Reitumetse Makwea
Digital Intern
1 minute read
7 Jun 2021
7:03 am

Violence against children a critical challenge

Reitumetse Makwea

Studies have shown that nearly every child in South Africa has either experienced violence, or been exposed to it.

Pre School and Early Child Development children from Orange Farm, South of Johannesburg took part at the Child protection week, 2 June 2021. Child Protection Week started on Sunday until June 6 under the theme, Let us protect children during Covid-19 and Beyond. Child protection measures and structures to prevent and respond to abuse, neglect, exploitation and violence affecting children. Picture: Nigel Sibanda

With National Child Protection Week past, violence against children remains a critical challenge, with more than 24,000 children sexually assaulted and 943 children murdered, according to the latest annual crime statistics.

The South African Police Service (Saps) statistics showed child murders dropped by 7%, but someone is raped every 35 seconds.

However, according to the National Institute for Crime Prevention and Rehabilitation only one in 20 rape cases is reported.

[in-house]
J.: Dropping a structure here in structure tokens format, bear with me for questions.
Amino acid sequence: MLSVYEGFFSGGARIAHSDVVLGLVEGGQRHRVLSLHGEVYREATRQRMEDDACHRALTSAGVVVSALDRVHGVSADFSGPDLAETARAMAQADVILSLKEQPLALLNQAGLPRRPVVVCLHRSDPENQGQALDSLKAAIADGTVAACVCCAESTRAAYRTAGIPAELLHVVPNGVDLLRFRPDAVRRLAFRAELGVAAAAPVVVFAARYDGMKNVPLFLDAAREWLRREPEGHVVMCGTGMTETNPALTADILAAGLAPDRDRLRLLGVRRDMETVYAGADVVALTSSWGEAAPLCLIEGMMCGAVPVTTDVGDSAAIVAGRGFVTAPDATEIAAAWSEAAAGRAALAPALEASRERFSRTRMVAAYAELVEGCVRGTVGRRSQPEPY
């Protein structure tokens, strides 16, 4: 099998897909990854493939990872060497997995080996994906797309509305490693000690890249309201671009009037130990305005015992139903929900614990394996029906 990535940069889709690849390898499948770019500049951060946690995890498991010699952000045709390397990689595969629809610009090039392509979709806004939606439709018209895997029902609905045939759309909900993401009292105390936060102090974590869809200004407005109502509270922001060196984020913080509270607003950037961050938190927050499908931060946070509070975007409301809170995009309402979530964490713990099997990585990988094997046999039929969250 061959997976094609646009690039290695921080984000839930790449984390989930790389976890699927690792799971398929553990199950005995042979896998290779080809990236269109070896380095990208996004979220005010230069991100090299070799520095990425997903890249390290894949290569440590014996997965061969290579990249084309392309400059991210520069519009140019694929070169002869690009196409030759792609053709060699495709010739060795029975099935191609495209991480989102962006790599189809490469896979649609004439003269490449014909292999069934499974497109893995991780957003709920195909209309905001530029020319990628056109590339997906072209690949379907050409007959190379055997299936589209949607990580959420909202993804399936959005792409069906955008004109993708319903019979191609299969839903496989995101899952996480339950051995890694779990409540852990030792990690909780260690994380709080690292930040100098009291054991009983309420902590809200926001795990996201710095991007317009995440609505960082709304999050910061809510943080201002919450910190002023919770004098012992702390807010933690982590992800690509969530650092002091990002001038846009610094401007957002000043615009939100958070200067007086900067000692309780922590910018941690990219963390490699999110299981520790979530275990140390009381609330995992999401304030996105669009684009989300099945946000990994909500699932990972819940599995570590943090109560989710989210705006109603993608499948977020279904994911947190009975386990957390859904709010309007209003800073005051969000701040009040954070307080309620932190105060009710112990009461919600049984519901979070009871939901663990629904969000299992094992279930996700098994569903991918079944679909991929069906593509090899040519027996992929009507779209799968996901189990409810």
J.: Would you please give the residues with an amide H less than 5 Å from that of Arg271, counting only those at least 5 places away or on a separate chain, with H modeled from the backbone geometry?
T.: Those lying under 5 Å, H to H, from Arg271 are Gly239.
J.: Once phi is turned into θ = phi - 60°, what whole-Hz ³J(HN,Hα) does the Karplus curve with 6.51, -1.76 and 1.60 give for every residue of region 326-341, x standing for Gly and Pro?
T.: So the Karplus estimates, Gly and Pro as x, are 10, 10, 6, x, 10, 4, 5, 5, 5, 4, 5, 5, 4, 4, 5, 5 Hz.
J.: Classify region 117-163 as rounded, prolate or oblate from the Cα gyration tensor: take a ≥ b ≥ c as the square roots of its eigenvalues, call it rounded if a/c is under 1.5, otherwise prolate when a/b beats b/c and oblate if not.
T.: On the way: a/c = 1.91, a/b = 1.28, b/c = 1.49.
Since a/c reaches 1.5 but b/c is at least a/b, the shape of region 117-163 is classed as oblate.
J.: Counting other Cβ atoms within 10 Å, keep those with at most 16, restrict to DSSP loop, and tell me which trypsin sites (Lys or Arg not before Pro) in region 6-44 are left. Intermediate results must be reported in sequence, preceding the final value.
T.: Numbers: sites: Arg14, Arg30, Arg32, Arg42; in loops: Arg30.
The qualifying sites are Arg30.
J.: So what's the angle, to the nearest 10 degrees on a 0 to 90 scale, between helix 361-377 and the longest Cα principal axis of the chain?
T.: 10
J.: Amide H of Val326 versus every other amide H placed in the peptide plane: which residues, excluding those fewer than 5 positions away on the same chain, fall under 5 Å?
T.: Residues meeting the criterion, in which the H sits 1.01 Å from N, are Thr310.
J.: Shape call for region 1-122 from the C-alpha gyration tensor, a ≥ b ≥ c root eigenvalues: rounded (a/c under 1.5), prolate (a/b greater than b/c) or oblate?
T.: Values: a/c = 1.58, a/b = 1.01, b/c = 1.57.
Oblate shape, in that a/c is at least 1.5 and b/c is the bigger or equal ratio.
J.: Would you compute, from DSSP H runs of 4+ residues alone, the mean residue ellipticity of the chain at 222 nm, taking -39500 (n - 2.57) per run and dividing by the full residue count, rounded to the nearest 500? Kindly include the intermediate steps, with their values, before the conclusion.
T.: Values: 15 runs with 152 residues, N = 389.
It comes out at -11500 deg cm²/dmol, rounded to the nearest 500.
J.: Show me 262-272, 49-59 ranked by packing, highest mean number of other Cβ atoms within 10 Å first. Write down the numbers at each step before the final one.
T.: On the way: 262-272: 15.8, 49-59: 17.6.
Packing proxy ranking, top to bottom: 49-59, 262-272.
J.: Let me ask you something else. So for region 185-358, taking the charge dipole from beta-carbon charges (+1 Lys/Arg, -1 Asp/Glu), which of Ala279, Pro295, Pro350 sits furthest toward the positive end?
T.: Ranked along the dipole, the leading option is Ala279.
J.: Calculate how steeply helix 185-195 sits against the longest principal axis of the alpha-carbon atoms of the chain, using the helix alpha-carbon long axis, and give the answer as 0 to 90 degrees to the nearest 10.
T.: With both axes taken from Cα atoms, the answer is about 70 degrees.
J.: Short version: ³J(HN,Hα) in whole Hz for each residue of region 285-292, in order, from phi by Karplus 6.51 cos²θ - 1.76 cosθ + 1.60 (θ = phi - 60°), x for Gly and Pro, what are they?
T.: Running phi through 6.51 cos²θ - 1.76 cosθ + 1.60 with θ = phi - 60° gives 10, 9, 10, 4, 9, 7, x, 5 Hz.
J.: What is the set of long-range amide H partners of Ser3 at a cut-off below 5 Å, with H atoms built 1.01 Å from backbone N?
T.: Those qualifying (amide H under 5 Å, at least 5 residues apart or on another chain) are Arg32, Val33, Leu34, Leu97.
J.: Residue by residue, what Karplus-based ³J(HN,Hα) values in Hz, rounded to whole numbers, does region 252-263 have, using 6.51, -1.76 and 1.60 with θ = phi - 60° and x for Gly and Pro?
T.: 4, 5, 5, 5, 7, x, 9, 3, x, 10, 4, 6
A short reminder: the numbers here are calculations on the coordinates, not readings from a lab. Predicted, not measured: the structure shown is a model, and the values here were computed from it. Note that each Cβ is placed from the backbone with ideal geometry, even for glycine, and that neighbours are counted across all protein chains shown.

Studies have shown that nearly every child in South Africa has either experienced violence, or been exposed to it.

More than 784,967 children have experienced some form of sexual abuse in their lives and girls have been physically and sexually assaulted at school by teachers, classmates, or other individuals.

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A UBS Optimus study, published in 2016, revealed more than 42% of children had experienced some form of maltreatment whether sexual, physical, emotional or neglect, while 82% experienced some form of victimisation whether criminal victimisation or exposure to family or community violence.

Save the Children South Africa protection programme manager Divya Naidoo said corporal punishment has become the most acceptable form of violence against children.

“Lots of people do not see it as violence and they just believe that is it a form of discipline. They do not understand that beating up a child is violence.”

According to Unicef SA, the violence is compounded by high poverty and unemployment.